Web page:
Impromptu Interview

Ash Rupp

        After Dr. K set us free to explore South Phoenix for the first time on our own, I realized just how little I knew about the area. South Phoenix has always been a place I have driven through on my way to another destination; it has never been the destination. I felt so uninformed that I had been living in the valley for almost seven years and I had never developed a familiarity with the area. As my team and I drove around trying to get our bearings, I felt as if I was in a different city or even country. Iím used to seeing signs sprinkled with Spanish, but nearly everything was in Spanish here. In the areas of town Iím more familiar with (Scottsdale and North Phoenix) Spanish lettering is used to convey an exotic feeling to rather mundane Anglo places. Not so here. If you didnít speak Spanish, you were out of luck.
        My research team and I had not been on the road for long when we noticed the abundance of police patrol. We couldnít go for more than a couple of blocks without running in to their cars. Most of the police cars were just parked on the side of the road surveying the area. Usually Iím glad to see the police (unless Iím speeding), they make me feel safe and protected; but the large numbers of them in South Phoenix started to feel rather oppressive. I felt as if they were waiting for something to happen.   It made me nervous.

        After driving up and down Central Avenue, we decided to stop at a family owned convenience store east of Central and Broadway to begin generating more ideas about where we wanted to concentrate the remainder of our day. The convenience store we stopped at was like no store I had ever been in before. There were bars on all of the windows and signs and stickers advertising products in Spanish everywhere. We walked in and I noticed that we were the only people who didnít seem to know the owner well.  The other customers were all gathered around the front counter chatting and smiling.  I began to feel like we were intruding.  We were also the only people not speaking Spanish. In broken Spanish Jackie asked the clerk if we could take pictures. He said yes and we started browsing around and taking pictures of products that we had never seen before (i.e. Mexican candy, sodas, and cleaning products). As I was trying to make my way down the narrow aisle way I stumbled on someoneís foot. I looked up and in the back corner of the store where I was exploring there was a policeman sitting on a crate, monitoring the store. I apologized for tripping on him and then explained why we were in here. I told him that we were form ASU West and we were taking an Urban Anthropology course that studied the changes occurring in South Phoenix. He looked really confused. I asked him if he had noticed the changes that the new construction had facilitated in the area.  He answered by telling me that this was an unsafe area and he encouraged me to leave. I told him that our presence was for school and he then reiterated the danger of the neighborhood.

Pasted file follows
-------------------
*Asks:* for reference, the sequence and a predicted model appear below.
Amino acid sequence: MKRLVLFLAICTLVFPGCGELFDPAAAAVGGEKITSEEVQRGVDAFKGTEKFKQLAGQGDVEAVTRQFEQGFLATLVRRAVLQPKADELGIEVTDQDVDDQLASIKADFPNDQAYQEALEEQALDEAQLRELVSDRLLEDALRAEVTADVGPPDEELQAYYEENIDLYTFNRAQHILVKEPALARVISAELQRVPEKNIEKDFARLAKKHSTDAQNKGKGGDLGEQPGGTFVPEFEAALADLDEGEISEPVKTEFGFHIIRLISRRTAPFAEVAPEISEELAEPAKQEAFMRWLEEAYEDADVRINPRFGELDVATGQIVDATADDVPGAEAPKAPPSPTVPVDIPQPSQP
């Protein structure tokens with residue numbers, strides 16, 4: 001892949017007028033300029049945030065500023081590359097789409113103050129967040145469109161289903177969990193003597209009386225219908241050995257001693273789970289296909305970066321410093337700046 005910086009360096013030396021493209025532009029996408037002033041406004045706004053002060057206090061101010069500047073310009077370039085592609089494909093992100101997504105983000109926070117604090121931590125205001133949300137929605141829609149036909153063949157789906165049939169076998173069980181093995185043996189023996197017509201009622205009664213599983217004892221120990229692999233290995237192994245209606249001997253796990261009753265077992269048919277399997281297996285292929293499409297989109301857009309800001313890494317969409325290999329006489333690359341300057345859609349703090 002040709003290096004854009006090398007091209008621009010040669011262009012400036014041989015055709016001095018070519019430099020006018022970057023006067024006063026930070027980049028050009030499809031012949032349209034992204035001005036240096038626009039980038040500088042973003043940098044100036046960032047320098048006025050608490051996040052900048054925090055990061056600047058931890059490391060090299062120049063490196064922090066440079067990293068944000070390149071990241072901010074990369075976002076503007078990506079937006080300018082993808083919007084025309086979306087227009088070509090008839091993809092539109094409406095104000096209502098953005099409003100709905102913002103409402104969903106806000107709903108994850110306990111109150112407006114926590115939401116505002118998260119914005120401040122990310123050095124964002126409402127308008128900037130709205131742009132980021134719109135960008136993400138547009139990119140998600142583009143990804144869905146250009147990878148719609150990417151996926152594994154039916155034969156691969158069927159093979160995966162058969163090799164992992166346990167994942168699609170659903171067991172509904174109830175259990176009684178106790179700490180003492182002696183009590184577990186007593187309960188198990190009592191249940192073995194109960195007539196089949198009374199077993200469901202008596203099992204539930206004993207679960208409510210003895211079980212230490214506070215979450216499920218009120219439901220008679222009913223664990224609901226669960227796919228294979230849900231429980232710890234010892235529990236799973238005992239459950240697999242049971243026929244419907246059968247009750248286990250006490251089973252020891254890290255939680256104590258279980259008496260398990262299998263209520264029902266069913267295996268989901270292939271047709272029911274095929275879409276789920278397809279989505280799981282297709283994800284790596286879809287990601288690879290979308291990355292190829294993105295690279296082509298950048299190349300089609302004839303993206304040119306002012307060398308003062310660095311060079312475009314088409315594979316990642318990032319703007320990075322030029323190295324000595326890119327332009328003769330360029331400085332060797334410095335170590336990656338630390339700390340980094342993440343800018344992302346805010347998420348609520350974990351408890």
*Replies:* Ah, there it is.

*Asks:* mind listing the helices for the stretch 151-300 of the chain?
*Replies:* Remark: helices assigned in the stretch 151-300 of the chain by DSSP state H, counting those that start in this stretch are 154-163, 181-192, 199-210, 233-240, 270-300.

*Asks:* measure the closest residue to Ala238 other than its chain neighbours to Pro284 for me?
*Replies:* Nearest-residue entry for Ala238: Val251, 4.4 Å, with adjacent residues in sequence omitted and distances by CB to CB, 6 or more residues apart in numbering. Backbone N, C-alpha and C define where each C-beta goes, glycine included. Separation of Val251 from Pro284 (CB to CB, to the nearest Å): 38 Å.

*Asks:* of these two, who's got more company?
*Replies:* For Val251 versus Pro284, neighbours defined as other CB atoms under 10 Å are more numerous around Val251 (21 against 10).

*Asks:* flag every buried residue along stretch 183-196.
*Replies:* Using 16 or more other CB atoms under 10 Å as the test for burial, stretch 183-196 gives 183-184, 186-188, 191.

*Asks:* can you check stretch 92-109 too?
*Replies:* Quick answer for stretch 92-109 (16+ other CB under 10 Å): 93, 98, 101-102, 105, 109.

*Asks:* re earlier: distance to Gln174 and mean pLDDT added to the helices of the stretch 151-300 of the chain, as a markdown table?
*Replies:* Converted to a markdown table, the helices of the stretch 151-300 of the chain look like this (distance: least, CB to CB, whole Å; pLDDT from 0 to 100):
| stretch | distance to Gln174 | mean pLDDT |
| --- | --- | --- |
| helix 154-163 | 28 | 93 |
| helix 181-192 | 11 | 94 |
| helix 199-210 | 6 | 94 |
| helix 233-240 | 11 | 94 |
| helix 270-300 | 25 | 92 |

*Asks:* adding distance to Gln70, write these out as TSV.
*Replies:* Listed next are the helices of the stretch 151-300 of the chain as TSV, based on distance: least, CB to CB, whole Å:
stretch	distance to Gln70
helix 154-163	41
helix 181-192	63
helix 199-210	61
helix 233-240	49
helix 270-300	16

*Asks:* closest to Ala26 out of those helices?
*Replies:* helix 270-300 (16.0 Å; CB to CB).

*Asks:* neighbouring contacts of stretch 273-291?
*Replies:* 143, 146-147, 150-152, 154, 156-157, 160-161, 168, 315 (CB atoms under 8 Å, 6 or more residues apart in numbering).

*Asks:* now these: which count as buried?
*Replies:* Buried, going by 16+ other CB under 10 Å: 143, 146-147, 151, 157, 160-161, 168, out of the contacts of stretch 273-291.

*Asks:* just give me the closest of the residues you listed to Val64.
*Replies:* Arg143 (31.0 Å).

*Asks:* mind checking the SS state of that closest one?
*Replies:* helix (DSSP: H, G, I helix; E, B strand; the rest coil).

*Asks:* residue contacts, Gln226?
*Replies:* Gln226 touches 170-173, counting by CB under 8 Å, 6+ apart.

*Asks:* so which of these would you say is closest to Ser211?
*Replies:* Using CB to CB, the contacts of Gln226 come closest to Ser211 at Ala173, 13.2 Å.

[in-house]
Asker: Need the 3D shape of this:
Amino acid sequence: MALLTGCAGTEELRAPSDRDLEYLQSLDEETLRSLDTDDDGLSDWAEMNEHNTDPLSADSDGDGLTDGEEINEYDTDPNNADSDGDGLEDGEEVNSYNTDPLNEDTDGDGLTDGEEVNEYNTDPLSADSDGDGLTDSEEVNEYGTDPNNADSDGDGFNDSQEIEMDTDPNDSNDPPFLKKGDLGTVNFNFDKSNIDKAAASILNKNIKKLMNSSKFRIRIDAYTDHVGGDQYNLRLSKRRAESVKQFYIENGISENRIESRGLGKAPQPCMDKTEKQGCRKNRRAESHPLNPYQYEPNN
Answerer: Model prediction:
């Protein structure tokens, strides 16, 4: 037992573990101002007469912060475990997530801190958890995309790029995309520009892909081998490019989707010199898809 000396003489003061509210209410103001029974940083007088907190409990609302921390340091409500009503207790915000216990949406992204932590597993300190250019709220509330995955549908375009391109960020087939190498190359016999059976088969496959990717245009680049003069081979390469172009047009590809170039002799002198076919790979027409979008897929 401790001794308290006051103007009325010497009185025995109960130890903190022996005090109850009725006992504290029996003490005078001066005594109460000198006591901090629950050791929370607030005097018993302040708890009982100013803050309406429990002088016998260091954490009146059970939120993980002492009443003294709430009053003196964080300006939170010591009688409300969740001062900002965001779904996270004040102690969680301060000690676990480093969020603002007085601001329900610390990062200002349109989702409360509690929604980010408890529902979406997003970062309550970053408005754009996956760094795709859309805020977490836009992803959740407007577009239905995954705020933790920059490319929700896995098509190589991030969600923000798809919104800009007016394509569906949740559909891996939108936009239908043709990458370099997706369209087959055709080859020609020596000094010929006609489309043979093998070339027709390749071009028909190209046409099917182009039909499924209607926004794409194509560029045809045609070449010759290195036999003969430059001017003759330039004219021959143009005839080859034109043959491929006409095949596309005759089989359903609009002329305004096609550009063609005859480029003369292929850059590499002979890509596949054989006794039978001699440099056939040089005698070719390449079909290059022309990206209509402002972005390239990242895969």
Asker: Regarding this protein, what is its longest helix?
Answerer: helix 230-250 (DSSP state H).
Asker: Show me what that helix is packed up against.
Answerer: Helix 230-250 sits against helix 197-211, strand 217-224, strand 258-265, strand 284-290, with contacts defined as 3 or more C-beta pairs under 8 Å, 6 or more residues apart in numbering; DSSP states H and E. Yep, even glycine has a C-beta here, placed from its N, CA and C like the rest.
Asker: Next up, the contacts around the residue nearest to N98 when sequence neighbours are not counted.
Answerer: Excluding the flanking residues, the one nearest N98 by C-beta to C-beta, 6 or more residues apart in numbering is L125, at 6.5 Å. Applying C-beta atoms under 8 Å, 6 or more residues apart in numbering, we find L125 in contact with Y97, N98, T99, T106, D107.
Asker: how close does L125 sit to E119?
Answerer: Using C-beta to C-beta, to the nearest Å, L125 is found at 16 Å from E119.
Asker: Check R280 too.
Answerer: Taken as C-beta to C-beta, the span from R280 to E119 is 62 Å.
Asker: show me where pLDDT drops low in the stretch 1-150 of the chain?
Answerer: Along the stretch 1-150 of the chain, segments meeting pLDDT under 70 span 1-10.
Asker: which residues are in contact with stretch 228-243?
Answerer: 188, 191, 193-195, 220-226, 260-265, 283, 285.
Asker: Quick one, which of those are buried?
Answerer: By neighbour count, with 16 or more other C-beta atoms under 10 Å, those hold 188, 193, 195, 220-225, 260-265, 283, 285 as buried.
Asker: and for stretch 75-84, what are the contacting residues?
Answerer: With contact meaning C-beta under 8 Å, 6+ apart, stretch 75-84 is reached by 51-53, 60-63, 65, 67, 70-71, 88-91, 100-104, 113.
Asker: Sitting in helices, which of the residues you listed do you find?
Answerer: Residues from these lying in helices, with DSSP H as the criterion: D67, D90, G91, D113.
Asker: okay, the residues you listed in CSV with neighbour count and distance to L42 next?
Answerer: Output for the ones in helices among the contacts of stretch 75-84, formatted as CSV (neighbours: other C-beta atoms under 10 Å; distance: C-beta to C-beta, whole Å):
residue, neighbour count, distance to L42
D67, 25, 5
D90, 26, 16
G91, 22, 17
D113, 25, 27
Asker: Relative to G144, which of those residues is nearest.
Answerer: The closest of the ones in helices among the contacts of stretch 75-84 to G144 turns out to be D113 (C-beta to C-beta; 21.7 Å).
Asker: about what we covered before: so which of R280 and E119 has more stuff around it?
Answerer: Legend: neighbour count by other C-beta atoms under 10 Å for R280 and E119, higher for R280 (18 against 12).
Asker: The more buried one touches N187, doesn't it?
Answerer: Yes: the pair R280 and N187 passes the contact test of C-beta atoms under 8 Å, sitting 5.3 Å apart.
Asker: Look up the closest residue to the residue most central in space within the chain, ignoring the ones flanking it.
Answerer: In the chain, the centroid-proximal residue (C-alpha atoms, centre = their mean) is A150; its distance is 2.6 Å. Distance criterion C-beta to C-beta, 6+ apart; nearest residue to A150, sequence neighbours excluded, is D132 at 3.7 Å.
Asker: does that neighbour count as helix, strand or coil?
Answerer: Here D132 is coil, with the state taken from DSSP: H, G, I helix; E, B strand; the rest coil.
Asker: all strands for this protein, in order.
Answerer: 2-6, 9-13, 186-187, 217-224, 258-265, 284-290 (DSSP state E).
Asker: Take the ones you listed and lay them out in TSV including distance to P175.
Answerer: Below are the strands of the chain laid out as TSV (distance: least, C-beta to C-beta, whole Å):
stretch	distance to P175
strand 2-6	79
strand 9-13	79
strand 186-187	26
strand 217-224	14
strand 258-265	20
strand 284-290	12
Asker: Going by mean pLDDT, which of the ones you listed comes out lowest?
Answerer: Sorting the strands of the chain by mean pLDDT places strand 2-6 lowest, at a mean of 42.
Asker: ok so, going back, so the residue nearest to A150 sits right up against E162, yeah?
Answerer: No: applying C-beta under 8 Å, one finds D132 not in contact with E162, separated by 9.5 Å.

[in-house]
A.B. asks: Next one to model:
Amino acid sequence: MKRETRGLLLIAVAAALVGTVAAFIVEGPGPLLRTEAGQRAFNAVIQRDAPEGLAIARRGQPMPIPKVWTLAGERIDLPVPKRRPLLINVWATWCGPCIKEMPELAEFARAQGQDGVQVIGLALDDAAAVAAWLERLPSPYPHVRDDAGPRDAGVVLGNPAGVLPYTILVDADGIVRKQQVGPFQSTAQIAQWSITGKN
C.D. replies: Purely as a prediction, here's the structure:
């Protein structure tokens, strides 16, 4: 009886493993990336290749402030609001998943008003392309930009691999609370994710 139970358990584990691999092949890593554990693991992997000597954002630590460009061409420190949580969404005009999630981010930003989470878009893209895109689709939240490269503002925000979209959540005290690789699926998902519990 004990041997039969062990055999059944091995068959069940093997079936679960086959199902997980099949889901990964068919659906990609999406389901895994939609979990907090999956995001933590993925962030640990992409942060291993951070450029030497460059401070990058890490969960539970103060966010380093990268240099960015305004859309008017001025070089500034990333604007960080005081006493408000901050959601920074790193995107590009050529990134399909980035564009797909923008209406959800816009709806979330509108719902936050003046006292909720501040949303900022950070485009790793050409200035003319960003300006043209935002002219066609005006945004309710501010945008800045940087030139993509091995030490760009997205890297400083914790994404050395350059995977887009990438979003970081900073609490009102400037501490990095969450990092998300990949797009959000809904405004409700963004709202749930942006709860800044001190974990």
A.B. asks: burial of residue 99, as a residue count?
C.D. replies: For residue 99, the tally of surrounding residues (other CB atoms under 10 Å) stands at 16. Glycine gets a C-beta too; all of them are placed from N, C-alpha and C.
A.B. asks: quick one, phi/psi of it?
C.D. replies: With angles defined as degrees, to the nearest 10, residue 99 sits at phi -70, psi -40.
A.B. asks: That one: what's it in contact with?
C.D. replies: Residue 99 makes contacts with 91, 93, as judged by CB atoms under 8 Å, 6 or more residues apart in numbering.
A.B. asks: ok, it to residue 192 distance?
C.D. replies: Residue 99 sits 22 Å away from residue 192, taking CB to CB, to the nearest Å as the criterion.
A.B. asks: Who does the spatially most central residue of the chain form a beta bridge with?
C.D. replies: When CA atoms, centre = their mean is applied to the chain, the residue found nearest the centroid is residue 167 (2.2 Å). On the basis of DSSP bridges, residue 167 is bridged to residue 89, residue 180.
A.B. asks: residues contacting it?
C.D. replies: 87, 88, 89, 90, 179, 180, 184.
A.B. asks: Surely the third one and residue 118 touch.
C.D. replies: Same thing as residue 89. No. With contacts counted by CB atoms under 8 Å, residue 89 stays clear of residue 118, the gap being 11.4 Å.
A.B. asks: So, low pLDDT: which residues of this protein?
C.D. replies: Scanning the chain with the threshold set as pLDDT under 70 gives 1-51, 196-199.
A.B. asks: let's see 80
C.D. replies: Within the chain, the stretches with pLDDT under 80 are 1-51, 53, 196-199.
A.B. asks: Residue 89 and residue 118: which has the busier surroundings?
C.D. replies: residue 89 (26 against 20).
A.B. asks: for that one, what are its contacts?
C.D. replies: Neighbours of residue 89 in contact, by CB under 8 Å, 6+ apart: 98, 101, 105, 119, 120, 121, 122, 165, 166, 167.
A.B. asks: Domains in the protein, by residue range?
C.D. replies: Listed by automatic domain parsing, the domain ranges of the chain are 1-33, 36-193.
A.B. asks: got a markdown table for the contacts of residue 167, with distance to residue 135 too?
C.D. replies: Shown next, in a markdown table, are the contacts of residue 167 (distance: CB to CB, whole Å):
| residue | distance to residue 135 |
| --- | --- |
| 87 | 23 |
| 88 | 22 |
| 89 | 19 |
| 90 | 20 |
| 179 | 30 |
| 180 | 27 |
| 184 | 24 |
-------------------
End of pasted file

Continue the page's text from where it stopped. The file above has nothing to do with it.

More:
I repeated my first question, had he noticed any changes?  He shrugged and said that he hadnít noticed any changes. I couldnít hide my shock. After everything I had read about the new construction in South Phoenix I could not believe that someone who spent everyday out here would not have noticed any changes. He said that crime was still rampant, the gangs were still very active, and that while there was new construction; it wasnít helping anything.  From what he had seen the new houses were being bought by people from out of town who donít ďknow the area.Ē After they figured out what they had ďgotten themselves intoĒ they would try to sell the homes. The problem is, he continued, the current residents can not afford to buy the new homes, and anyone who has seen the area doesnít want to live there either. He said the gated communities were fairing a little better, but you canít stay in your gated community forever, you have to go to the store, and work, and school. He said that he did not think that this new construction would last. He said you can dress South Phoenix up any way you like, but it is still South Phoenix. I thanked him and told him we would be careful (he was still worried about us being in the area).
        Later I thought about what he said. I donít think he intended to sound as harsh as he did, but in his line of work there is just a certain amount of jading that is bound to happen. He seemed genuinely concerned for our safety and could not figure out why we wanted to study South Phoenix.
            I was a little surprised that none of the police officers I had seen in South Phoenix that day were Hispanic or African-American. It seemed odd to me that every police officer I had seen that day was white. As I began the readings Dr. K recommended I noticed that this was not an unnoticed occurrence. Bolin, Grineski, and Collins point this out in their article The Geography of Despair: Environmental Racism and the Making of South Phoenix, ďWhile the barrios of Phoenix provided settings for the continuation of Mexican cultural traditions and practices, they were contained there by an all White police forceĒ (Bolin 161).  The article then goes on to point out many of the other inequities that the people of South Phoenix must face.  While Iím sure that there must be other races in the police force stationed in South Phoenix, I observed saw white police that day. It seems strange that while everything else in South Phoenix seems to celebrate other cultures and diversity within the community, the officers who are meant to keep the residents safe were clearly not from the community. If what the officer we spoke to said was any indication of how other police officers feel, then not only are they not from the community, but they seem to resent the community and its members.